SNC2P Lesson 8Topic 4.4What is the Law of Reflection and How Do Mirrors Form Images?P.308-311
Today we will learn: • Review how to measure angles with a protractor. • About angles of incidence and angles of reflection, and their relationship. • The proper names of a ray diagram. SUCCESS CRITERIA I will be successful if I can • Measure angles with a protractor. • Identify the parts of a ray diagram. • Know the angle of reflection, given the angle of incidence.
Measuring Angles with a Protractor: • Place the vertex of the protractor on the vertex of the angle. Be sure that the line that goes from 0° to 180°lies on one of the sides of your angle. • Find the scale that starts with 0° .... it could be the inner or outer scale. • Find the line on the protractor that lies on the second side of your angle. Read the angle. A B C
Now you try it! • Worksheet 4.4 A ... Using your protractor, what is the measurement of angle XYZ in question 1? A B C
Drawing Angles using a Protractor: • Draw a side for one side of your angle. • Place the protractor on the line with the vertex of the protractor on the end of the line. • Find the line on the scale representing the angle of your choice. Make a dot beside the point of the scale indicating the angle you chose. • Remove the protractor. • Place the ruler so it is aligned with the end of the first line and the dot. Draw the second side of your angle along the ruler. A B C
Now you try it! • Worksheet 4.4 A ... Using your protractor and ruler, draw and label angle DEF. A B C
- Lakes can be reflective when the water is calm and when it is wavy ... but the type of reflection is different. • When the surface is calm, the images are almost identical to the objects being reflected. • When the surface is wavy, spread out reflections result in scattering of light, and the images are fragmented. WHAT REFLECTIONS DO YOU SEE IN THE WATER? What other reflections have you observed? What type of surfaces were they on —smooth, rough, curved, wavy?
Remember from the previous section ... All light behaves the same, regardless of its source. Light travels in a straight line as long as it is moving through the same medium. MEDIUM: The substance through which light travels.
DEFINITIONS REFLECTION: The change in direction of a light ray when it bounces off a surface. RAY: A straight line with an arrowhead that shows the direction in which light waves are travelling.
RAY DIAGRAM Normal: Dashed line perpendicularto a surface such as a mirror. Incident Ray: The incomingray of light travelling towards the mirror or other surface. Reflected Ray: The outgoingray of light that has “bounced” off a reflecting surface. Begins at the point where the incident ray and normal meet. Reflection ray Incident ray Reflecting Surface
RAY DIAGRAM Angle of Incidence: The angle between the incident ray and the normal. Labelled i. Angle of Reflection: The angle between the normal and the reflected ray. Labelled r. Reflection ray Incident ray Reflecting Surface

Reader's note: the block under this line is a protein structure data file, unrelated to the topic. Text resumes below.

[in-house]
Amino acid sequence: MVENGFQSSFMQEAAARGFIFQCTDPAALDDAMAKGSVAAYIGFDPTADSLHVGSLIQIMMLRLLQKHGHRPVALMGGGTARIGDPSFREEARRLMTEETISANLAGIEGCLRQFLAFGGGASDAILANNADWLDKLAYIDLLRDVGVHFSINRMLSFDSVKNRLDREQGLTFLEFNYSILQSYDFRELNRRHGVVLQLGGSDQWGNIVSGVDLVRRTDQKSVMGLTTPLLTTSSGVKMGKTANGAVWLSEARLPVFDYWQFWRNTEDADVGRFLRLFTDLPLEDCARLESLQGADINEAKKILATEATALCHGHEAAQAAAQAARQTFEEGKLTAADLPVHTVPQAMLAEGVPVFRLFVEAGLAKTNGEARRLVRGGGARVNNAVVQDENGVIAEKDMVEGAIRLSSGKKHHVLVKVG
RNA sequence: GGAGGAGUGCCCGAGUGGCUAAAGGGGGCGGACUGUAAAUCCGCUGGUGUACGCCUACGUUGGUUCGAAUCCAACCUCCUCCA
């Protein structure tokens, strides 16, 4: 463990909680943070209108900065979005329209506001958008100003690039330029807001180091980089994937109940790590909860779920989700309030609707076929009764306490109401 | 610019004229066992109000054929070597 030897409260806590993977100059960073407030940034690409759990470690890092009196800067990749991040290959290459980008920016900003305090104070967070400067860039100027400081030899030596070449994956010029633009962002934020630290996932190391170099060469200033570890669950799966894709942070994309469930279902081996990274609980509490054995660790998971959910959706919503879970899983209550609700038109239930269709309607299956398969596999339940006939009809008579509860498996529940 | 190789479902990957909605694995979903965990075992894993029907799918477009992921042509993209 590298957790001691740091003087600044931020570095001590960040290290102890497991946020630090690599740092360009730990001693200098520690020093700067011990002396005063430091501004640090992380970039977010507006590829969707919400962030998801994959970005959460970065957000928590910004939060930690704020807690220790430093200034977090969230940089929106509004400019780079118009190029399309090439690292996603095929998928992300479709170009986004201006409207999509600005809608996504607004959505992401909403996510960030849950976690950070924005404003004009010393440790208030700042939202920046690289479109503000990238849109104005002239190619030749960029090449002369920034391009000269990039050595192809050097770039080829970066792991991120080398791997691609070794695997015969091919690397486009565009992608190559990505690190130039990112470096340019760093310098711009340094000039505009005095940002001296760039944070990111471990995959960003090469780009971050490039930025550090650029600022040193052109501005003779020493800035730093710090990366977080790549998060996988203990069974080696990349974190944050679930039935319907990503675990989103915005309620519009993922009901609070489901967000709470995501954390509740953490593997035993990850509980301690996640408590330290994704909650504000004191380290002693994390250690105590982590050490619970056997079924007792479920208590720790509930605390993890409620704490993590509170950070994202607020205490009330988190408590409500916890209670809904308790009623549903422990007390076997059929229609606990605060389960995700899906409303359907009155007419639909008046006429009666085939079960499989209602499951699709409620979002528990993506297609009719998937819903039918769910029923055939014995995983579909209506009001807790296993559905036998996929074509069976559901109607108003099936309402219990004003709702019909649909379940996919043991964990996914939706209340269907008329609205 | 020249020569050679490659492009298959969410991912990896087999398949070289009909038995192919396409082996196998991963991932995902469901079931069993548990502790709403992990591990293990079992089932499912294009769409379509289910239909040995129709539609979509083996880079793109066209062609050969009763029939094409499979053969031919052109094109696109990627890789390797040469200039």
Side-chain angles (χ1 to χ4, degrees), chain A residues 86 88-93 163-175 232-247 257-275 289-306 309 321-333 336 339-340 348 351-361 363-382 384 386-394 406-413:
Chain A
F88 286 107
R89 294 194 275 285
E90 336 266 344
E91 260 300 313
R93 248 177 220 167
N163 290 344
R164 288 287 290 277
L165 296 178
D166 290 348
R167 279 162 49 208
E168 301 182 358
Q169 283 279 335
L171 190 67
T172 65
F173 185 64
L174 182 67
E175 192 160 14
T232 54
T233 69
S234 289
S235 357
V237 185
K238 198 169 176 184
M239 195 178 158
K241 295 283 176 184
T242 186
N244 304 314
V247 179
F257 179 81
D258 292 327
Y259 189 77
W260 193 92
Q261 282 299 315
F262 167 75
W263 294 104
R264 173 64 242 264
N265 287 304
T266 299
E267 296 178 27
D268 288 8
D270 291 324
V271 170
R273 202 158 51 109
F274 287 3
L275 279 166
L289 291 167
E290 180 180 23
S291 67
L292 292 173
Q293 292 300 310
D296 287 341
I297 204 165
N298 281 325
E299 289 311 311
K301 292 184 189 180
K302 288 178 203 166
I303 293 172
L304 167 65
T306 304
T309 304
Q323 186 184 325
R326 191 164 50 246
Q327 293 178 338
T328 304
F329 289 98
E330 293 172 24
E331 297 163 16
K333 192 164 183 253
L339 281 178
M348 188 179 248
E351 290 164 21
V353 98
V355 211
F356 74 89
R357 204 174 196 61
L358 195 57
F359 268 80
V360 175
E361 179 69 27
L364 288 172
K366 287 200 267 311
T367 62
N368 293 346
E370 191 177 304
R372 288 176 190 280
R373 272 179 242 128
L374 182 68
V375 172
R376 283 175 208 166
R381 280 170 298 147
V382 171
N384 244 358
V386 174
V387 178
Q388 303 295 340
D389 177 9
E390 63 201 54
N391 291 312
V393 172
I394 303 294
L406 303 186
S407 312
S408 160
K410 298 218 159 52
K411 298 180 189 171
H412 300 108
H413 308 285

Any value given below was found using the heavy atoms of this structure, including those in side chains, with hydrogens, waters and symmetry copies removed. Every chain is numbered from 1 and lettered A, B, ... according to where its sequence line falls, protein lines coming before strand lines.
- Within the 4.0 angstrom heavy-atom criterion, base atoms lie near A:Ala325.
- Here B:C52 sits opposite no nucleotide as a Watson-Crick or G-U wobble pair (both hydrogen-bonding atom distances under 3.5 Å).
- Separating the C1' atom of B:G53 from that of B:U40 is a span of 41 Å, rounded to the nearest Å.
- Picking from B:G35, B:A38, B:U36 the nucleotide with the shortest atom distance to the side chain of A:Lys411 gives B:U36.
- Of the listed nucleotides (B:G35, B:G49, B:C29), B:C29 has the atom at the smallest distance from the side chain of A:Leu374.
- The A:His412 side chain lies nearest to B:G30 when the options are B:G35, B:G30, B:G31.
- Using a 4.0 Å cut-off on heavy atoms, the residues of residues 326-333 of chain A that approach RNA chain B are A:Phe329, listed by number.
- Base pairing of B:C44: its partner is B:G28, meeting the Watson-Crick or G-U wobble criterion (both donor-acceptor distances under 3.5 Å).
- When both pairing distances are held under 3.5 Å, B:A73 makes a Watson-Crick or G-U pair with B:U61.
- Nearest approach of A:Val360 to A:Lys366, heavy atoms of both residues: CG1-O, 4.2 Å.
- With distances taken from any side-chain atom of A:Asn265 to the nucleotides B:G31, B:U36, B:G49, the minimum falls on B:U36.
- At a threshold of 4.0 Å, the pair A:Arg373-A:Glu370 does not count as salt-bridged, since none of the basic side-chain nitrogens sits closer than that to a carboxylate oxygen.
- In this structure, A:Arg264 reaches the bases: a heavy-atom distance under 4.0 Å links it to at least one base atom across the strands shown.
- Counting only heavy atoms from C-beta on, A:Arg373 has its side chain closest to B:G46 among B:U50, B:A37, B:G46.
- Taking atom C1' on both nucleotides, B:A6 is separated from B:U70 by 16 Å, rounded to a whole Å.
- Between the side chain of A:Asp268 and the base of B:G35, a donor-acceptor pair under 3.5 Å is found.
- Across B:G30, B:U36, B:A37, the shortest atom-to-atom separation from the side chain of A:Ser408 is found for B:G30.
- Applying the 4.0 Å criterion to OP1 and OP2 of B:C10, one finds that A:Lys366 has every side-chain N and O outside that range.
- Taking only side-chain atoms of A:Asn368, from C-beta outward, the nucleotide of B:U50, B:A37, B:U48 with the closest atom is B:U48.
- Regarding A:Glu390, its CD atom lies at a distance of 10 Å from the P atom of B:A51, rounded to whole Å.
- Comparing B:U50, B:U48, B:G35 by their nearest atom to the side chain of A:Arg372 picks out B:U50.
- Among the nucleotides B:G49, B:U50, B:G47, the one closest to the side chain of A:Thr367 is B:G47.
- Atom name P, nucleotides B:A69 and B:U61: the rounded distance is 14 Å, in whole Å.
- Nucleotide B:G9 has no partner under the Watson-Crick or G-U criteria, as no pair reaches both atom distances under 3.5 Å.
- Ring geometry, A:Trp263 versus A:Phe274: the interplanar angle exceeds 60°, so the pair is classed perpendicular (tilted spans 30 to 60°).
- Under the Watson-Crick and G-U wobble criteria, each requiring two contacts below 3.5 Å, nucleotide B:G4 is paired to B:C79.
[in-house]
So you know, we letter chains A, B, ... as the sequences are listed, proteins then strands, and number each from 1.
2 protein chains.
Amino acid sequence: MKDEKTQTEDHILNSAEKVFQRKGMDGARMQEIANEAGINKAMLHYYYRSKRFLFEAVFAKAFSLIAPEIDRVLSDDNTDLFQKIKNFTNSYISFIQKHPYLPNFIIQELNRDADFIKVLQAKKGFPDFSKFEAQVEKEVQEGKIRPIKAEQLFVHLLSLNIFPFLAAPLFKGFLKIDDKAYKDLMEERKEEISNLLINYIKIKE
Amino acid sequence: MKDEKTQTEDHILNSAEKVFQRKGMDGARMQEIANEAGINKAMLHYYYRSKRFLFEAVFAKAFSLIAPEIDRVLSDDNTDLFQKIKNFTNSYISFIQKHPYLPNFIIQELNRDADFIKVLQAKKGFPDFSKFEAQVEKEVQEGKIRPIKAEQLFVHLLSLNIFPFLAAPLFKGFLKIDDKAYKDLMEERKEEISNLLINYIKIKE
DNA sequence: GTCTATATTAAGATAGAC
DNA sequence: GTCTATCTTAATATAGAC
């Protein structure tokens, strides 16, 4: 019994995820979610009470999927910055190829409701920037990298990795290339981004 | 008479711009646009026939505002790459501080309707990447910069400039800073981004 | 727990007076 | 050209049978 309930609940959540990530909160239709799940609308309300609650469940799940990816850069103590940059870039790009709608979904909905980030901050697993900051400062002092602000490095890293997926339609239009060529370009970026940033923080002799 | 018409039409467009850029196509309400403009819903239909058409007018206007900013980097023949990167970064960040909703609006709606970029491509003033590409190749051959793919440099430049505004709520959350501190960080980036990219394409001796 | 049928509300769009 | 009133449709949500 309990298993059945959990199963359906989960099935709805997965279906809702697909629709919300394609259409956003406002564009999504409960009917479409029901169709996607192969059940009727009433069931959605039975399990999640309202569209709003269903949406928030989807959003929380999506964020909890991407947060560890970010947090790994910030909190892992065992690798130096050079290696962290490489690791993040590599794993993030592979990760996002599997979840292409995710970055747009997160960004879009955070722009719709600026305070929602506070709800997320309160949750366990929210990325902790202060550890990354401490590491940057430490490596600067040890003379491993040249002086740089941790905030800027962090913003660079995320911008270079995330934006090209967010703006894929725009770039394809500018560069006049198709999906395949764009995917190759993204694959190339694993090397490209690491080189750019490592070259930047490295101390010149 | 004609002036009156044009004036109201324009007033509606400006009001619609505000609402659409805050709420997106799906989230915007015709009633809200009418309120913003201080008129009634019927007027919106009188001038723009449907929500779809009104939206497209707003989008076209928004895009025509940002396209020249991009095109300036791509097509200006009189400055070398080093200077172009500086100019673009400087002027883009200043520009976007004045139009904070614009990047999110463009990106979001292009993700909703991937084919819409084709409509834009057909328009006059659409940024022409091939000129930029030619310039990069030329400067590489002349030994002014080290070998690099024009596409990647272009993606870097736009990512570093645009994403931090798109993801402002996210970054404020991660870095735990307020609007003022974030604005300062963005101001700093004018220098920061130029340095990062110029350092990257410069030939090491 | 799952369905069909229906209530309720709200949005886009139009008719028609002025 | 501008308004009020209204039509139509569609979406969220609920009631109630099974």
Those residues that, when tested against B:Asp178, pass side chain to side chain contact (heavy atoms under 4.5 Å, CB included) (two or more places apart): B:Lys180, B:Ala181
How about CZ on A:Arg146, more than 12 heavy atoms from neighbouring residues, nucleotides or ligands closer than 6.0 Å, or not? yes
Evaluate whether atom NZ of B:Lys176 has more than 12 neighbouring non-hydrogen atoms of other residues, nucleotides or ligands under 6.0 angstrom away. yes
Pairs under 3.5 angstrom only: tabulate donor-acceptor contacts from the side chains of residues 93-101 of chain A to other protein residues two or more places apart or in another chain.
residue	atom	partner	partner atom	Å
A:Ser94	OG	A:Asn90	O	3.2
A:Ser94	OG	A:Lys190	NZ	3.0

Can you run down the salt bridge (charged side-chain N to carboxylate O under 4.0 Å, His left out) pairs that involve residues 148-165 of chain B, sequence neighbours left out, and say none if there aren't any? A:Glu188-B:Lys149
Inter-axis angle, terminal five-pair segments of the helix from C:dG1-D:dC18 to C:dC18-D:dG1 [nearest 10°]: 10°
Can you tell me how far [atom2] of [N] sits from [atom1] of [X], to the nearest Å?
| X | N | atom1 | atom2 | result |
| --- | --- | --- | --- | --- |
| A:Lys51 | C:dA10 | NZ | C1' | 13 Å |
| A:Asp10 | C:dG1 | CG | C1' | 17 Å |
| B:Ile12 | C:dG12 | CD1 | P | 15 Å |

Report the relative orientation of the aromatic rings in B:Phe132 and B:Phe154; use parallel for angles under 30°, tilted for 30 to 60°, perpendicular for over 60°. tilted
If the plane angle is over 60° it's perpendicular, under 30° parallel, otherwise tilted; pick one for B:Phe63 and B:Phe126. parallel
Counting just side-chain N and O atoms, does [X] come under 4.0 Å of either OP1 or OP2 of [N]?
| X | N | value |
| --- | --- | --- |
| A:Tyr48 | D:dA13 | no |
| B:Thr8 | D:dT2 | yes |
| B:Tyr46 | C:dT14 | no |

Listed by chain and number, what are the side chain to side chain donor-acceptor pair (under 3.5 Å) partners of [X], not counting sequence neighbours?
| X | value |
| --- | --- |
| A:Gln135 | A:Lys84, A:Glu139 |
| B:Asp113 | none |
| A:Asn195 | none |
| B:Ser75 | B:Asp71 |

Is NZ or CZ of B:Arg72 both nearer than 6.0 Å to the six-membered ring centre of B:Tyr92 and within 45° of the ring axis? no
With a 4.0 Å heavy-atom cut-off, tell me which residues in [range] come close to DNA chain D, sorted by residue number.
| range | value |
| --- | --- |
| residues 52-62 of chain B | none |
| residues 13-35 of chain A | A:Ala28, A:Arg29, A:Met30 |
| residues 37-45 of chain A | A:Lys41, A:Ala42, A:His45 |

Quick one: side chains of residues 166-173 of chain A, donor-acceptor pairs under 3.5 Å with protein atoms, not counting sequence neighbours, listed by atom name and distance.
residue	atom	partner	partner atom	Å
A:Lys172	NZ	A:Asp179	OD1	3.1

LAWS OF REFLECTION • The angle of reflection (r) is equal to the angle of incidence (i). • The reflected ray and the incident ray are on opposite sides of the normal. • The incident ray, the reflected ray, and the normal always lie on the same plane (flat surface). Reflection ray Incident ray Flat Reflecting Surface
LAWS OF REFLECTION • The Law of Reflection applies to every reflecting surface. When light reflects off a surface, the angle of incidence is always equal to the angle of reflection.
Using the Law of Reflection • The angle of incidence and the angle of reflection are always measured from the normal and not from the surface of the object. • Why? Because some surfaces are curved, making it difficult to measure an angle from the surface.
EXAMPLE 1 Consider the diagram. Which one of the angles (A, B, C, or D) is the angle of incidence? ______ Which one of the angles is the angle of reflection? ______ B C
Images in Plane Mirrors • The law of reflection also applies to looking at objects in a mirror. • The image in a plane mirror is an exact reflection of the actual image.
RAY DIAGRAMS FOR PLANE MIRRORS You need only two rays reflecting from a mirror to find the point where the reflection of an object is located.
RAY DIAGRAMS FOR PLANE MIRRORS Object: The item in front of the mirror. Image: The reflection of the object in the mirror. Object distance: The distance from the mirror to the object. Image distance: The distance from the mirror to the image. Virtual image: An image that is located where no light rays ever meet. (This occurs when reflected rays are separating andmust be extended backwards to find out where they meet.)
DRAWING RAY DIAGRAMS FOR PLANE MIRRORS • TEXTBOOK • Page 310 Table 4.2 – provides step by step directions in locating an image in a plane mirror using a ray diagram.
CLASSWORK: • Complete Handouts 4.4A and 4.4B • If they are not completed in class, then please complete them as homework tonight.